APOC 15-1 Group PhotoThe largest class in its 20-year history graduated today from the Asia-Pacific Center for Security Studies. One hundred fifty-one Fellows, including 17 international Fellows, completed the Asia-Pacific Orientation Course held here Jan. 26-30.

For two decades, the Center has employed APOC, five other courses and multiple workshops to educate more than 9,000 international security practitioners on socio-economic and politico-military factors impacting global stability and development. The latest APOC’s class size reflects the Center’s growing influence in the global security studies arena.

APOC is comprised of mid-level military officers and civilian equivalents serving in defense, government, humanitarian and other security-related fields. A five-day course, it’s held three times annually with mobile versions in the mainland United States as needed.

“The course’s intent is to provide Fellows a greater understanding of issues that drive the region’s complex relationships and challenges,” said APCSS course manager Cmdr. Alan Chace. “They leave the Center better equipped to engage internationally and make more informed decisions in their areas of operation.”

The January course featured 14 lecture topics, several of which addressed current issues and trends specific to major sub-regions, such as Northeast Asia and Oceania. Other lecture topics covered the high-profile transnational issues of cybersecurity, terrorism and climate change.

Addressing cybersecurity, Dr. Lora Saalman detailed the enormous economic and security impacts of attacks on government, private and commercial networks. She used the recent hacking of Sony systems to illustrate global communication vulnerabilities and how criminals and terrorists exploit them.

Rosalyn Leitch, a project manager with Pacific Northwest National Laboratory, praised Saalman’s handling of a complex subject. “She covered a lot of information…a ton of terms…in a way that was digestible; it’s not easy to do that with cybersecurity.   Leitch works to ensure physical and cybersecurity at the Department of Energy lab. The lecture, she added, gave her deeper insight into the recent Sony incident and military cyber issues.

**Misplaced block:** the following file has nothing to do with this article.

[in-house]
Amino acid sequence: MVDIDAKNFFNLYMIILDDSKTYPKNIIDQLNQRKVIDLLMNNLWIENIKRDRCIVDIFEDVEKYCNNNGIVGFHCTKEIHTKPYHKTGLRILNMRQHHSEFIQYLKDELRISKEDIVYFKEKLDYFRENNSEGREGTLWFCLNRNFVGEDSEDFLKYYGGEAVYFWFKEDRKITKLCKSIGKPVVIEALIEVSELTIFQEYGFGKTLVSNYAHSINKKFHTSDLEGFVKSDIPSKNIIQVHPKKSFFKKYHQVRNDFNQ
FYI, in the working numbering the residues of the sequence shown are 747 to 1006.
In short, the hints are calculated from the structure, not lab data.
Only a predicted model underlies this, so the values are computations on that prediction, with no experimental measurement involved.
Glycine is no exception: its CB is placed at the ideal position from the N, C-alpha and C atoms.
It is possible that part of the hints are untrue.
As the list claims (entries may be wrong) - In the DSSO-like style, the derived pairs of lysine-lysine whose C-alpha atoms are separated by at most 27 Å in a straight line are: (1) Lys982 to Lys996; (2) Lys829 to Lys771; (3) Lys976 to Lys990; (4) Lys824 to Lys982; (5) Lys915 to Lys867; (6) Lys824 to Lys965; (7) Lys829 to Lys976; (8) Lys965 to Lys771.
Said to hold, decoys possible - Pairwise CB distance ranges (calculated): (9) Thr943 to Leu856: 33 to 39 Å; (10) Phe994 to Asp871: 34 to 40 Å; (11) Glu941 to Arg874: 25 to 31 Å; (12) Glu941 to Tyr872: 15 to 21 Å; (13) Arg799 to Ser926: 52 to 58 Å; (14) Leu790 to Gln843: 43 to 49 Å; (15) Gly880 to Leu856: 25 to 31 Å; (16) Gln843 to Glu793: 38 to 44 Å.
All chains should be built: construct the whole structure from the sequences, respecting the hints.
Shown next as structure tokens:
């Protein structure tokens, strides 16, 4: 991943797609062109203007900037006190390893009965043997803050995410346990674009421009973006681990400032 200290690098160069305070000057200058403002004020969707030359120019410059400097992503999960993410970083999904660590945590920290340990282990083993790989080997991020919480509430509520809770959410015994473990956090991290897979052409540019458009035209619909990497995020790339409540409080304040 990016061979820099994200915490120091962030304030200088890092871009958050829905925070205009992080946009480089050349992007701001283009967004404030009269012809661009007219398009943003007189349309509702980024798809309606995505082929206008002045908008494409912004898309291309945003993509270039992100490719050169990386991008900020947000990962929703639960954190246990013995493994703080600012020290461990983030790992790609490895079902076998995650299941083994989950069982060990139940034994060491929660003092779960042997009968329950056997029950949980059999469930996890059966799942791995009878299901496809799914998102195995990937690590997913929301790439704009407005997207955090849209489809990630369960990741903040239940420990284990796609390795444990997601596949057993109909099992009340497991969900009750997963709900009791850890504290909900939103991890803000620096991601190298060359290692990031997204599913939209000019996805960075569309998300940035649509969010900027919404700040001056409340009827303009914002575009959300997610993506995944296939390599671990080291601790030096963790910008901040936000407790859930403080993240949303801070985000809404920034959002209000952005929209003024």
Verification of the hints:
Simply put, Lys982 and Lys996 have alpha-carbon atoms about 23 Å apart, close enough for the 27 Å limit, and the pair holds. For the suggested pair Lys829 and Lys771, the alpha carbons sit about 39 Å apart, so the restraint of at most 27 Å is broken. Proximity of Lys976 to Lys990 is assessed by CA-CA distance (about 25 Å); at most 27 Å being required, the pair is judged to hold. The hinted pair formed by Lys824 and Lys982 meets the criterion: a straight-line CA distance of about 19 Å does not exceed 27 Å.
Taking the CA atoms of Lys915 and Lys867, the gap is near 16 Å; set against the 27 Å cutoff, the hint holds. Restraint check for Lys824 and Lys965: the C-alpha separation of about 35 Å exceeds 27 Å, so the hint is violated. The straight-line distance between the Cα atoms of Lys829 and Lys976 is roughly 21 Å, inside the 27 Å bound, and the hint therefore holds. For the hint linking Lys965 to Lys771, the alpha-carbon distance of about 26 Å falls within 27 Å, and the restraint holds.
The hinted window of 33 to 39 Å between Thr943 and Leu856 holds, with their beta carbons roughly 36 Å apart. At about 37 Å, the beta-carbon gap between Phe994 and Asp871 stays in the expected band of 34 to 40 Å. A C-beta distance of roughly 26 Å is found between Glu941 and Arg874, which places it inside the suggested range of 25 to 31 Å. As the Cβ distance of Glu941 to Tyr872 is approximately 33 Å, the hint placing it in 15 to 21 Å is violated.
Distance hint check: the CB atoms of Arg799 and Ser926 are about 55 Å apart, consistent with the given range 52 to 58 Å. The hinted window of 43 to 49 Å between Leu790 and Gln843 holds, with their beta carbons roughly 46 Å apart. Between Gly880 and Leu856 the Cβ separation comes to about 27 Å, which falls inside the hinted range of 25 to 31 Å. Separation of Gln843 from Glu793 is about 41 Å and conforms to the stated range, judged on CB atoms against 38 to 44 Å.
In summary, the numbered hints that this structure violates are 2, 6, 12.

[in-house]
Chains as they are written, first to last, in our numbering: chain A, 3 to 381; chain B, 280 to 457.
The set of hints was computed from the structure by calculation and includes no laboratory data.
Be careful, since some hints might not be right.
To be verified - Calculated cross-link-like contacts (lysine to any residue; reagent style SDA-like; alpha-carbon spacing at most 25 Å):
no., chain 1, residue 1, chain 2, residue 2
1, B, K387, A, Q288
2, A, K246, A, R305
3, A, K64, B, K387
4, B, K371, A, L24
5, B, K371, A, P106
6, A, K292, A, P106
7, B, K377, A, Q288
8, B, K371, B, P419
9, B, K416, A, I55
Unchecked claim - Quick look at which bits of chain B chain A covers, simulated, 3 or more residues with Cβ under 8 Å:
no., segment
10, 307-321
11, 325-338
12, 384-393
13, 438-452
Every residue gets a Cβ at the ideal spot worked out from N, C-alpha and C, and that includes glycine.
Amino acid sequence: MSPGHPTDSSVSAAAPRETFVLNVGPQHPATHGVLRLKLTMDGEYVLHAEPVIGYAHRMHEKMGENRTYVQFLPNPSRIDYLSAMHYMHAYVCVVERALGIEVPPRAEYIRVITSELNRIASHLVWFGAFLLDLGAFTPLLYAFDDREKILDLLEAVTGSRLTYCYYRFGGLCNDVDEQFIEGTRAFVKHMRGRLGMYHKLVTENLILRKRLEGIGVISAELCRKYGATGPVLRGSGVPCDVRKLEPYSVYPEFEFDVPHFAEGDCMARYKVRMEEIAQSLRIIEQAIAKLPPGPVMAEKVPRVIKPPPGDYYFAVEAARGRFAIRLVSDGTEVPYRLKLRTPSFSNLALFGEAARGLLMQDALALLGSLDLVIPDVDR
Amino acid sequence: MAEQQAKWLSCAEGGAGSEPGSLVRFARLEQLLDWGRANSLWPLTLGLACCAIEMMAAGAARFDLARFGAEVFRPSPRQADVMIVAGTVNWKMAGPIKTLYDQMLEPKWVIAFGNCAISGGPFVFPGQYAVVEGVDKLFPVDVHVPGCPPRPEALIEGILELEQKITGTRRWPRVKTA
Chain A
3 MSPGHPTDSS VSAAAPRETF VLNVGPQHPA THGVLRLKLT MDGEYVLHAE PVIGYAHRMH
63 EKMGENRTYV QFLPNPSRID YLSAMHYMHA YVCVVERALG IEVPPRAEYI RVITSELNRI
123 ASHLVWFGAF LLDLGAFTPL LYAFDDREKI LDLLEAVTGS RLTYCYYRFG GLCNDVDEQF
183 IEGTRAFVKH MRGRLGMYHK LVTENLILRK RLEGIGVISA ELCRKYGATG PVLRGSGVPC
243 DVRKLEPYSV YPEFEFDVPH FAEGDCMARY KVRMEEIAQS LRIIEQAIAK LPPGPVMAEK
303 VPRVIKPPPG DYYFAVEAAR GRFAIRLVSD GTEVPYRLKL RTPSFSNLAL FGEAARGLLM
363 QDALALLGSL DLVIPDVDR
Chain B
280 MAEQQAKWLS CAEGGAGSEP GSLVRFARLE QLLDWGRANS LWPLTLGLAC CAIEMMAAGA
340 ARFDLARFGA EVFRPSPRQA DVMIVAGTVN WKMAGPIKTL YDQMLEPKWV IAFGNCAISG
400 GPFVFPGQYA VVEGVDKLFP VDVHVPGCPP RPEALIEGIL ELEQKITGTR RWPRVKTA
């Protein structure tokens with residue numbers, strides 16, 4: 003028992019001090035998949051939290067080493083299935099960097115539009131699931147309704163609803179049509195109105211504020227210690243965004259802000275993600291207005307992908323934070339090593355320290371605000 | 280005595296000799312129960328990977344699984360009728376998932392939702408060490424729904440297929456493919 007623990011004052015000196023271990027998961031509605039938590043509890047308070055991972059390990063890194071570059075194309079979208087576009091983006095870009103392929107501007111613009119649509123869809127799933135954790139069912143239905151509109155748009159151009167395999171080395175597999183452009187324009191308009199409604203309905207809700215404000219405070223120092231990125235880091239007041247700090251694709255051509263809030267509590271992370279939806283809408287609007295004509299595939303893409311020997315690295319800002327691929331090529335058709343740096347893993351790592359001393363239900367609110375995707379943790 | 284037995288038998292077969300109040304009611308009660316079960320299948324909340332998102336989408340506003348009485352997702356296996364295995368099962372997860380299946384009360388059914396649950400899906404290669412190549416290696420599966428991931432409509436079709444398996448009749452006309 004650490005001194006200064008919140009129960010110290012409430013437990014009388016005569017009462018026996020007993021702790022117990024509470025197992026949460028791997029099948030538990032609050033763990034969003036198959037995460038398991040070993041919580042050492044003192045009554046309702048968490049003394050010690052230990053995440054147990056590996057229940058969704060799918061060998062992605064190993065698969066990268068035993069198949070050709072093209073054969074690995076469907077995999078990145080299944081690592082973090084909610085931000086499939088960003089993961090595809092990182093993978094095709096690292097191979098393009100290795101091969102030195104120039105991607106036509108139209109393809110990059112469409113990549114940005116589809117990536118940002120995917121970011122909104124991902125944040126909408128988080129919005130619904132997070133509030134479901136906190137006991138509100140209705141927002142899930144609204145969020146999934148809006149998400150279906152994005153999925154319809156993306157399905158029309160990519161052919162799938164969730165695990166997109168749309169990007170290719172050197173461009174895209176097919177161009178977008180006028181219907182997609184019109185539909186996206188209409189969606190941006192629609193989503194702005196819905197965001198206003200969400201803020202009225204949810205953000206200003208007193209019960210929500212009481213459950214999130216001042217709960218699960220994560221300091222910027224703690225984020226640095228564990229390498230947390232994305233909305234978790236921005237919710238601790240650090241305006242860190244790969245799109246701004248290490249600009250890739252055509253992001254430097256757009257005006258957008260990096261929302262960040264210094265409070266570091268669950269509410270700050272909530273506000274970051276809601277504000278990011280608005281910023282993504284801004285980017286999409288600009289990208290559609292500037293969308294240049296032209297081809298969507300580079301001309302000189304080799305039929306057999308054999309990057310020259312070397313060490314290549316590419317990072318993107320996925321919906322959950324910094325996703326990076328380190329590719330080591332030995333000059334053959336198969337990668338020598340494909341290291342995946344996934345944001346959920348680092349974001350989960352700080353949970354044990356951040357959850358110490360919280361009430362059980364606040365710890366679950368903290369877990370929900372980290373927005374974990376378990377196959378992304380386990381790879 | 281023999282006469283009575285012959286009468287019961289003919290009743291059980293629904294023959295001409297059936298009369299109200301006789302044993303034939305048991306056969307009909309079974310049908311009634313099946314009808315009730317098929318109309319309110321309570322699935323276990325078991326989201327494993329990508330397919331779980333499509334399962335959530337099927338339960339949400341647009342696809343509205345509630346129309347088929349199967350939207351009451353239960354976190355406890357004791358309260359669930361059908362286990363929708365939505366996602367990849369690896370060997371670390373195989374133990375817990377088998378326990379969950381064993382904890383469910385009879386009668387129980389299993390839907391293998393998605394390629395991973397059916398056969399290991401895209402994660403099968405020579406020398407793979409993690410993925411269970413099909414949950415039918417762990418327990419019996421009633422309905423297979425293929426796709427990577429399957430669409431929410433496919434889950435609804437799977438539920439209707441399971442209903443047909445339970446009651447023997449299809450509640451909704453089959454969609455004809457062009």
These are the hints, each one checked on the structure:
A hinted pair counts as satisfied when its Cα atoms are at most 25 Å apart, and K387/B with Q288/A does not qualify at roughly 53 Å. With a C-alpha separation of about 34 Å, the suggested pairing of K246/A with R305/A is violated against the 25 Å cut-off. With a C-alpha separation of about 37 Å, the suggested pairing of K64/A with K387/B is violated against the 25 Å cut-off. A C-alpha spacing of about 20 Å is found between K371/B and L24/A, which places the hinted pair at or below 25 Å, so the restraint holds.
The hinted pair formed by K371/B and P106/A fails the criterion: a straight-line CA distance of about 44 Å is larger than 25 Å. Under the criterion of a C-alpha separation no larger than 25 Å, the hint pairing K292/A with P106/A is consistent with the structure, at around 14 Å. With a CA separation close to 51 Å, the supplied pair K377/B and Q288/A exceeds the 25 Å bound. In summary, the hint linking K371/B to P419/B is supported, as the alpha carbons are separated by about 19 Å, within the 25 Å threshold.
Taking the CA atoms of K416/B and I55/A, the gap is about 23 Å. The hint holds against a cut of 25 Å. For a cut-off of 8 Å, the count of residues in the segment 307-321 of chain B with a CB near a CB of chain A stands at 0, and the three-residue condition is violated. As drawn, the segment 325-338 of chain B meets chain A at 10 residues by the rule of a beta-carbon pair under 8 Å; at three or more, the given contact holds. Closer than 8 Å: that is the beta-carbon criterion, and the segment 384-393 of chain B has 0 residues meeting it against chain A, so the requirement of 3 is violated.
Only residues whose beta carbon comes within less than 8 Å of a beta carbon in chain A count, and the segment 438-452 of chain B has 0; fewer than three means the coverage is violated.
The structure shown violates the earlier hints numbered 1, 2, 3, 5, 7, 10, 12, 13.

Course Fellows choose four of 14 offered electives. Among elective classes were “China’s World: Myths, Puzzles & FAQs,” “North Korea’s Evolving Strategy in the Face of Shrinking Options,” and “Technology Futures.”

These electives, along with APOC’s seminars and lectures, facilitated knowledge growth while helping Fellows enhance their network of international and interagency contacts.

“The combination of classes APCSS put together is its greatest strength; it (provides) a whole-of-government perspective with a combination of professional and academic perspectives,” said Dr. Imes Chiu, chief of applied research at the Center for Excellence in Disaster Management and Humanitarian Assistance in Honolulu. She added her now expanded regional knowledge is further enhanced by what she called the Center’s “cross-pollination” effect; APCC enables a diverse group of security practitioners to share expertise and experience while forming long-lasting connections that enhance future collaboration.

Joining Chiu in APOC 15-1 were Fellows from Australia, Canada, Japan, Korea, New Zealand, Singapore, and Taiwan.

APCSS is one of Department of Defense’s five regional security studies centers. Military and civilian representatives, most from the United States and Asia-Pacific nations, participate in a comprehensive program of executive education, professional exchanges and outreach events in Hawaii and throughout the Asia-Pacific region. Since the Center’s 1995 opening, alumni representing over 122 countries and territories have attended APCSS courses and workshops.